What crop disaster?-Ray Grabanski
The past 10 days have been a huge turnaround for the eastern Corn Belt in planting conditions. They went from virtually nothing planted in OH (only 19% of the corn to May 30) to a much improved outlook for production in the region.
Basically, they have planted about 45% of their entire land area in the past 10 days, effectively averting what was a potential disaster in the making. Indeed, more was planted in the eastern Corn Belt the past 10 days than was done in all of April and May - an astounding feat and turnaround for the year. Ten days ago, we could have had $9 corn for the first time in history if the established weather pattern continued for the eastern Corn Belt and northern Plains.
Instead, a relatively dry period for about 10 days to two weeks emerged which allowed soggy soils to dry out in most areas, allowing at least some or in some cases nearly all of the acreage in an area to be planted.
What a huge turnaround the past 10 days that weather has caused! Now, with warming weather and improving crop conditions, not only is an average crop possible, but it still is possible for an above average corn and soybean crop to be produced in 2011. The second week that corn crop conditions are released, the Pro Ag yield model for corn has risen to near 160 bushel, now about 1 bushel above current USDA projections. Crop conditions improved from last week's ratings a large 4% in the good/excellent category to 67%, getting closer to the long term average ratings.
Remember, USDA is projecting corn yields 2 bu below trend at 158.7; but the first Pro Ag yield model of the year is suggesting a yield closer to 160, which is bearish corn based on the improving crop yield potential. It might be that the shot of heat this week combined with high soil moisture is improving the crop condition and yield potential. We just might have a good corn crop after all and in spite of the terrible spring planting conditions experienced. One thing about excessive moisture vs. lack of moisture, the germination is usually good if the crop doesn't stand in water, and this spring's cool temps and frequent rains have led to pretty good stands across the Corn Belt. That might serve to pressure corn once we can finally ensure we actually got the crop planted.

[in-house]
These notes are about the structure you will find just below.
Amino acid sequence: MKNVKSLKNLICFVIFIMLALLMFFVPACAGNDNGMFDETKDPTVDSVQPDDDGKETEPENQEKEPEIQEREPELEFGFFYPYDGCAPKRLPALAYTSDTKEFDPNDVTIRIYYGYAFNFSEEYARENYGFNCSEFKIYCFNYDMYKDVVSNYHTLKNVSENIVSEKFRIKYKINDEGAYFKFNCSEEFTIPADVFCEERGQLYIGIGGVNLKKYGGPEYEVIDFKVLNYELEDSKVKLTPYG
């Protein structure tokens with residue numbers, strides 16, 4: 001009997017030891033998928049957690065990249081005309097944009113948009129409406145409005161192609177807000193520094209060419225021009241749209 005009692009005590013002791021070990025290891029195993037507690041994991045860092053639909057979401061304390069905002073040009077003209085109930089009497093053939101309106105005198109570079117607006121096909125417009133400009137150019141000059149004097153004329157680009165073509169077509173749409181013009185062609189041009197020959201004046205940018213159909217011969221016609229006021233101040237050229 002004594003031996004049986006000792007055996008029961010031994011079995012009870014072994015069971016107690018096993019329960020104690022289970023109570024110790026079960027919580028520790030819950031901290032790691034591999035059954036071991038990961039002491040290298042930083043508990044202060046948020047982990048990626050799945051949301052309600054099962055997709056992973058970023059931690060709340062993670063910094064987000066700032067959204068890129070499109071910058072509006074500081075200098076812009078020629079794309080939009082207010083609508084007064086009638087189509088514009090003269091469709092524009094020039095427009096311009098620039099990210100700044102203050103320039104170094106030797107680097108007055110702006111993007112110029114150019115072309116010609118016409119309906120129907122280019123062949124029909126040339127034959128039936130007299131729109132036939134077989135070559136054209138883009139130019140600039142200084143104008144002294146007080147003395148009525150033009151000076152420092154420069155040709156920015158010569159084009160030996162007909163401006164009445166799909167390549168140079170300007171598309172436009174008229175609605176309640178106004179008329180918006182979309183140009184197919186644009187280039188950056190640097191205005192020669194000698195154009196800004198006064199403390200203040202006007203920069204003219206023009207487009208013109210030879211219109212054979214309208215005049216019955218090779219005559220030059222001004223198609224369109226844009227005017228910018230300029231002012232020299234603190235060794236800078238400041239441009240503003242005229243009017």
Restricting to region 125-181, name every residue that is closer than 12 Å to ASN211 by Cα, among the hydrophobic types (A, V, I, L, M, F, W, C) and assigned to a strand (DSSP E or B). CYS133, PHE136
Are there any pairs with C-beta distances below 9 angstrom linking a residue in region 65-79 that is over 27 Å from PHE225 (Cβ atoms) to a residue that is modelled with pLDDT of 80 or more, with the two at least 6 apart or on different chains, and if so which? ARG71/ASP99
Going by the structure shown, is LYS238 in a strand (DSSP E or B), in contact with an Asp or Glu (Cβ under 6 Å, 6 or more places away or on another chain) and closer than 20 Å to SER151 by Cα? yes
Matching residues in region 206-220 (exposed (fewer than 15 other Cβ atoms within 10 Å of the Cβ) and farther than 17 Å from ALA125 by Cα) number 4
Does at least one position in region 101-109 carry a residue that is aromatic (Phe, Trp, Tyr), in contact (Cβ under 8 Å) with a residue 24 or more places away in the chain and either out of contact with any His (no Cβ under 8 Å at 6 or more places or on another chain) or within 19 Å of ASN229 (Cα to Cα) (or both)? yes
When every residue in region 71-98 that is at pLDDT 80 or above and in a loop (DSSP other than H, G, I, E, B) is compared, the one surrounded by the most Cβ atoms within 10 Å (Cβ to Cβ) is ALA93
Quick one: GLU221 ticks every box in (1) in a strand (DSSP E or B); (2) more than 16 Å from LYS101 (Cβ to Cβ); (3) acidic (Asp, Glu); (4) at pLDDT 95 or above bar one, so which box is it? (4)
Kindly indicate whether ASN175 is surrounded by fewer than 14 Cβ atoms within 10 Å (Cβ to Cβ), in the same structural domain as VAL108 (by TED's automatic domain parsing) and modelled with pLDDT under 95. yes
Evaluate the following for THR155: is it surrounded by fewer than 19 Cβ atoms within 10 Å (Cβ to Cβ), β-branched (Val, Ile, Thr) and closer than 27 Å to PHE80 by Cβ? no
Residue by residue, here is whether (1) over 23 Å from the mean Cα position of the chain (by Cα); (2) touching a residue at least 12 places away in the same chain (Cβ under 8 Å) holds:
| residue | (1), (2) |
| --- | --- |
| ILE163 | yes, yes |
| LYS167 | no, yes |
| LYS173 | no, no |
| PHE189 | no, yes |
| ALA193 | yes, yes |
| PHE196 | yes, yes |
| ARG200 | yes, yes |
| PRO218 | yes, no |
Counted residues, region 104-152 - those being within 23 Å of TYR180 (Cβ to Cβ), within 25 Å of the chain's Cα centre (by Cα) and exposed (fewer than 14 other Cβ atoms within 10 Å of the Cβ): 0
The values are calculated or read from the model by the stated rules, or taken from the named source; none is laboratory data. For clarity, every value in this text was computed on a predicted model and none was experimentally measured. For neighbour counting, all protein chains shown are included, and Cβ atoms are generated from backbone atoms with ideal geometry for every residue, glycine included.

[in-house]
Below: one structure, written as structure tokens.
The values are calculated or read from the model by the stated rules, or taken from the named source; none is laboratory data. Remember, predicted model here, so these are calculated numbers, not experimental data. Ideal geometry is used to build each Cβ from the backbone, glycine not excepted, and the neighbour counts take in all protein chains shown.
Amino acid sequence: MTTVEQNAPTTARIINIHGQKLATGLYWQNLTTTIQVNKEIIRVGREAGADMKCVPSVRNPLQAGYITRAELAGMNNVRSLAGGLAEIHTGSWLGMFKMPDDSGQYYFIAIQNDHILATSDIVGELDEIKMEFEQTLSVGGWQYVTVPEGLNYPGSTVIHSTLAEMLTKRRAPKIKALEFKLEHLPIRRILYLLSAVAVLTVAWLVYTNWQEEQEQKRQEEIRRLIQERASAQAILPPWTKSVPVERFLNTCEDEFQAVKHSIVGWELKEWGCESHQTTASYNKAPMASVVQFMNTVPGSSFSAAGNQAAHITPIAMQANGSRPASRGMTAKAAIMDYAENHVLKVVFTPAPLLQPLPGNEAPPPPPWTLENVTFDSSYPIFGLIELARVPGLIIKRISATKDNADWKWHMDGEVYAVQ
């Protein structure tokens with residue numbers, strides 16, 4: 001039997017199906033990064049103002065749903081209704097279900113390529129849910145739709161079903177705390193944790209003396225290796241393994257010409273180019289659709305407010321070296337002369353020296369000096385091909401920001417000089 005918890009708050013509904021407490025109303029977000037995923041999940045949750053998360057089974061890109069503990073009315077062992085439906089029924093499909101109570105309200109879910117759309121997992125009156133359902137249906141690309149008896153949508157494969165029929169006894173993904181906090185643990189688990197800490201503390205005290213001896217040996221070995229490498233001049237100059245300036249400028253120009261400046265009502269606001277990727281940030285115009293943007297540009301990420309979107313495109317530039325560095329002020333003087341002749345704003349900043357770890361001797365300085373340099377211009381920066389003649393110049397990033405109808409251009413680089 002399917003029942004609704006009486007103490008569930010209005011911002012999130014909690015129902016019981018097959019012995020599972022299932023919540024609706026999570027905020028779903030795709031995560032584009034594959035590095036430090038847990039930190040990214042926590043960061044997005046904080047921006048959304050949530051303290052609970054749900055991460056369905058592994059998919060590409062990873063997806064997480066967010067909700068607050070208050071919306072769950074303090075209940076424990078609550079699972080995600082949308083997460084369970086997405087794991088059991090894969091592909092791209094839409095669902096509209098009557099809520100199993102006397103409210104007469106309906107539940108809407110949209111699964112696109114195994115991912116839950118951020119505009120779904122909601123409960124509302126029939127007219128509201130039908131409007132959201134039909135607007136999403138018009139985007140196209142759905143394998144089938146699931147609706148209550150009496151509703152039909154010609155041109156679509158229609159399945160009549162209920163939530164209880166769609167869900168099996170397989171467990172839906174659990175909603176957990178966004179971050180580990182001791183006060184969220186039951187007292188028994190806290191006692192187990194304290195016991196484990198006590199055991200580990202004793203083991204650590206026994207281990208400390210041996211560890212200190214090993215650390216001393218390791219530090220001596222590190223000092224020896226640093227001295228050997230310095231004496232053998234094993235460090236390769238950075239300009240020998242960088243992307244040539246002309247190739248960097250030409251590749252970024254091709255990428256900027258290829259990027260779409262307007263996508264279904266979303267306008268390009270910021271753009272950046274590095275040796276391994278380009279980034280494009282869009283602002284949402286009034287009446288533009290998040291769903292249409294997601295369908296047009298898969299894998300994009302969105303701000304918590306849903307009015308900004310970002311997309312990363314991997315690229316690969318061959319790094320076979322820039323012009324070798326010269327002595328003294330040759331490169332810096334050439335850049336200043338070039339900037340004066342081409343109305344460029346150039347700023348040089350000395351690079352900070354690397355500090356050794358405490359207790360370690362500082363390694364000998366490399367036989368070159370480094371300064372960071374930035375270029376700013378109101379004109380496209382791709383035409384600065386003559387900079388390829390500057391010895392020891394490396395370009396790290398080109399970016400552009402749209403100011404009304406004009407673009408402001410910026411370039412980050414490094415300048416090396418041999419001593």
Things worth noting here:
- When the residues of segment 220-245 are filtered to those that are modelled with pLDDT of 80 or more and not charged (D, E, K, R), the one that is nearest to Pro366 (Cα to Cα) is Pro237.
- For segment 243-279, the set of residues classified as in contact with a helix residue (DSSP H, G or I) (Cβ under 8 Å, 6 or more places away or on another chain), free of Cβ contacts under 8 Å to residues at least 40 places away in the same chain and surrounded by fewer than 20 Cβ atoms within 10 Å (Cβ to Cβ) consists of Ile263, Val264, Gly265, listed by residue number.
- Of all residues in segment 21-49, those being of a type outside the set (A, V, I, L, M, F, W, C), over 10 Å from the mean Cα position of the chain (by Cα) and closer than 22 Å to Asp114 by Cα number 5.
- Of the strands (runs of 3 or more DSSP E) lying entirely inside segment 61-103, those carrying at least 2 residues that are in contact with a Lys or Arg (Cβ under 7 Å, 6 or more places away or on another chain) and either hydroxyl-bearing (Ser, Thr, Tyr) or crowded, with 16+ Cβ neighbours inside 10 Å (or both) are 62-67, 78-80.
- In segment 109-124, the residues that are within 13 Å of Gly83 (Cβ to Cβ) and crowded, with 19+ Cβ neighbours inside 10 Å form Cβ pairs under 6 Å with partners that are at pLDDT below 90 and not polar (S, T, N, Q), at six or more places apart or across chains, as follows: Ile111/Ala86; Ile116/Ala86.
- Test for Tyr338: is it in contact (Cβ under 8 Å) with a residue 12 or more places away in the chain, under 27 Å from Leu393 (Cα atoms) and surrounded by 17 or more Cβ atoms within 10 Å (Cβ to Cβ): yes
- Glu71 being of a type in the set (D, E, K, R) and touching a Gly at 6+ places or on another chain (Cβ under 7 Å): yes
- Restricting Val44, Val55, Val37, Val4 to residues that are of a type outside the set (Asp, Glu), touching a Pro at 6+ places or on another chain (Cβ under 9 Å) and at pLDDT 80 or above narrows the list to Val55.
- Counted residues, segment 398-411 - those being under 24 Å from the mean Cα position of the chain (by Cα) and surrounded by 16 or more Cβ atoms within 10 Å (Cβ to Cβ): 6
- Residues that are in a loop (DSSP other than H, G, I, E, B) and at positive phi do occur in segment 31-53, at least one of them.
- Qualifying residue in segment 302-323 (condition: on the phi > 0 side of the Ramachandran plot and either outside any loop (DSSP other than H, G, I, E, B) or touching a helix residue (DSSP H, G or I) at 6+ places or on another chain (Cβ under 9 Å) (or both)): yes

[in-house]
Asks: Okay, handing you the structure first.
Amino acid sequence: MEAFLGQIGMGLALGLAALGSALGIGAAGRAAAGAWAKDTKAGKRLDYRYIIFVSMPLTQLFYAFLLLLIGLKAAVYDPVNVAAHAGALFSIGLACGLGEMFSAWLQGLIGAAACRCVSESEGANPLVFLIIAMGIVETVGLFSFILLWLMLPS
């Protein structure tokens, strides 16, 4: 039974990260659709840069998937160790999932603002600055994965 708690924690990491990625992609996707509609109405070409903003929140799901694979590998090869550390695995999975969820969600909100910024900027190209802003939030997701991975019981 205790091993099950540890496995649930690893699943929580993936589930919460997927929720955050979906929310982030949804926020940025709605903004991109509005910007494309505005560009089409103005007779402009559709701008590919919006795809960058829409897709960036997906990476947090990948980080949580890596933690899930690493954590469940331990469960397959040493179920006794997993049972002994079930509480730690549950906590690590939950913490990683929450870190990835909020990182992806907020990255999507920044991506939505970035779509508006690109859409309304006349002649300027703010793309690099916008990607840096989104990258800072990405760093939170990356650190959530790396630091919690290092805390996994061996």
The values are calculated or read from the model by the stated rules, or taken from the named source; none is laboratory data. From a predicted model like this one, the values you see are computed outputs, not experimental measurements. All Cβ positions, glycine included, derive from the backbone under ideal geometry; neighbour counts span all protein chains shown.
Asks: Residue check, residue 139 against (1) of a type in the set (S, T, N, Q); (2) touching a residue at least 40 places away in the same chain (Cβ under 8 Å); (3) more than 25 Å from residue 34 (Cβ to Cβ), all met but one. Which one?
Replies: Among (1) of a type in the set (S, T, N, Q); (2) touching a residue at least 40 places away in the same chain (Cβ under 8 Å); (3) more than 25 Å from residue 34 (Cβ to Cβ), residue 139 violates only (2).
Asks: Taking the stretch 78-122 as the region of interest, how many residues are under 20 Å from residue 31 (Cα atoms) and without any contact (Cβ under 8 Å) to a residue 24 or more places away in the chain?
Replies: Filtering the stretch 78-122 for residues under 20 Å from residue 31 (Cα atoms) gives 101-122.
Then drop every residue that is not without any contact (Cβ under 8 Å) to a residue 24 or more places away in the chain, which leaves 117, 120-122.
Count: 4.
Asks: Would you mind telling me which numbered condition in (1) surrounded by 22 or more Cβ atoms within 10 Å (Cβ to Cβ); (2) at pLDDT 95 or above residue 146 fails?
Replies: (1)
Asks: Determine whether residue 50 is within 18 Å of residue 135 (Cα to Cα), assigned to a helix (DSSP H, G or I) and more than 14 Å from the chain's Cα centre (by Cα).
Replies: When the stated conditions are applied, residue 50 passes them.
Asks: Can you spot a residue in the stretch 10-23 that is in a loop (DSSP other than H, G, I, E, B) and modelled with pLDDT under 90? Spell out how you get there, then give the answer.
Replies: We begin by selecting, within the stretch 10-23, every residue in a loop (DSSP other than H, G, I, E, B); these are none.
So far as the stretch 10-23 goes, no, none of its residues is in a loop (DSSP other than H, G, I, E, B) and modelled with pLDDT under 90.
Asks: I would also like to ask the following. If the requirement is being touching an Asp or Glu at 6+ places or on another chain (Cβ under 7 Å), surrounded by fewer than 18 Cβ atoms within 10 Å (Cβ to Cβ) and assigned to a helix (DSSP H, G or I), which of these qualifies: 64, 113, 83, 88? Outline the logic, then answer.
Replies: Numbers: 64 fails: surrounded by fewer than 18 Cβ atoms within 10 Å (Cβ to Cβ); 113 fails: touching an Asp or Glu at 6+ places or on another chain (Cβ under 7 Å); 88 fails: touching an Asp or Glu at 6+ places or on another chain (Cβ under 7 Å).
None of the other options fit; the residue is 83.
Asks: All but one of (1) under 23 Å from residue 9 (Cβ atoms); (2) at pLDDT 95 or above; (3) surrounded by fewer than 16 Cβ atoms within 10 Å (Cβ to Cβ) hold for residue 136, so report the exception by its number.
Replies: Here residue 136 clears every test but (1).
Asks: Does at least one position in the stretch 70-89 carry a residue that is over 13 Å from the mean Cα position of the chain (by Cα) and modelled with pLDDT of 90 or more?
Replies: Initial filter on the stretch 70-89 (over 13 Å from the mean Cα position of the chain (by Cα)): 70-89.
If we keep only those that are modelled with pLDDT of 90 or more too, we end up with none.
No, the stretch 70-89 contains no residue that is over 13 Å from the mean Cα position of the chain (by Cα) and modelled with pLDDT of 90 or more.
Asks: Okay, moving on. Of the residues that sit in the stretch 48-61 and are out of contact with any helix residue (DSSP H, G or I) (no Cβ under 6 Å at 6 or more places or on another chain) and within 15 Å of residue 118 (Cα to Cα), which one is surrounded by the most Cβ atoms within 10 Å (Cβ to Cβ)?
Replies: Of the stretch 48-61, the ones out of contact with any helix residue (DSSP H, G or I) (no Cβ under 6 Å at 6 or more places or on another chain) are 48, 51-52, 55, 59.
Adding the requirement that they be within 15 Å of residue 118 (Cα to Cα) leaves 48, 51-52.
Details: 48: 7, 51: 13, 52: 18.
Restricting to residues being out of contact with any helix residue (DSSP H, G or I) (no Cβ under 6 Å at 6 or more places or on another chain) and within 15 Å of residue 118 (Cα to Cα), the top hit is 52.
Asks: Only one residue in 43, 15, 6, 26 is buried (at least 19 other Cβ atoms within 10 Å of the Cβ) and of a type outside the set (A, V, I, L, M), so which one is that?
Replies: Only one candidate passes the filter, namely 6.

While the Corn Belt yield prospects have improved on planted crops, and also it looks like more acreage will get planted to corn in the eastern Corn Belt (or has already been planted), things are looking up for corn production prospects in the US over the last 10 days. Not only are corn crop conditions improving, but winter wheat conditions have also slowly improved or stayed steady the past few weeks (when normally they decline due to the dying off effect). This has meant the US winter wheat crop is turning out better than expected. Just 10-15 days ago, heat, that was abated for the past month, allowed what little moisture there was in the HRW wheat area to fill grain heads well. Test weights of harvested wheat thus far are heavy (60-62 lbs), indicating the crop that was there got a chance to fill out nicely to finish off the year.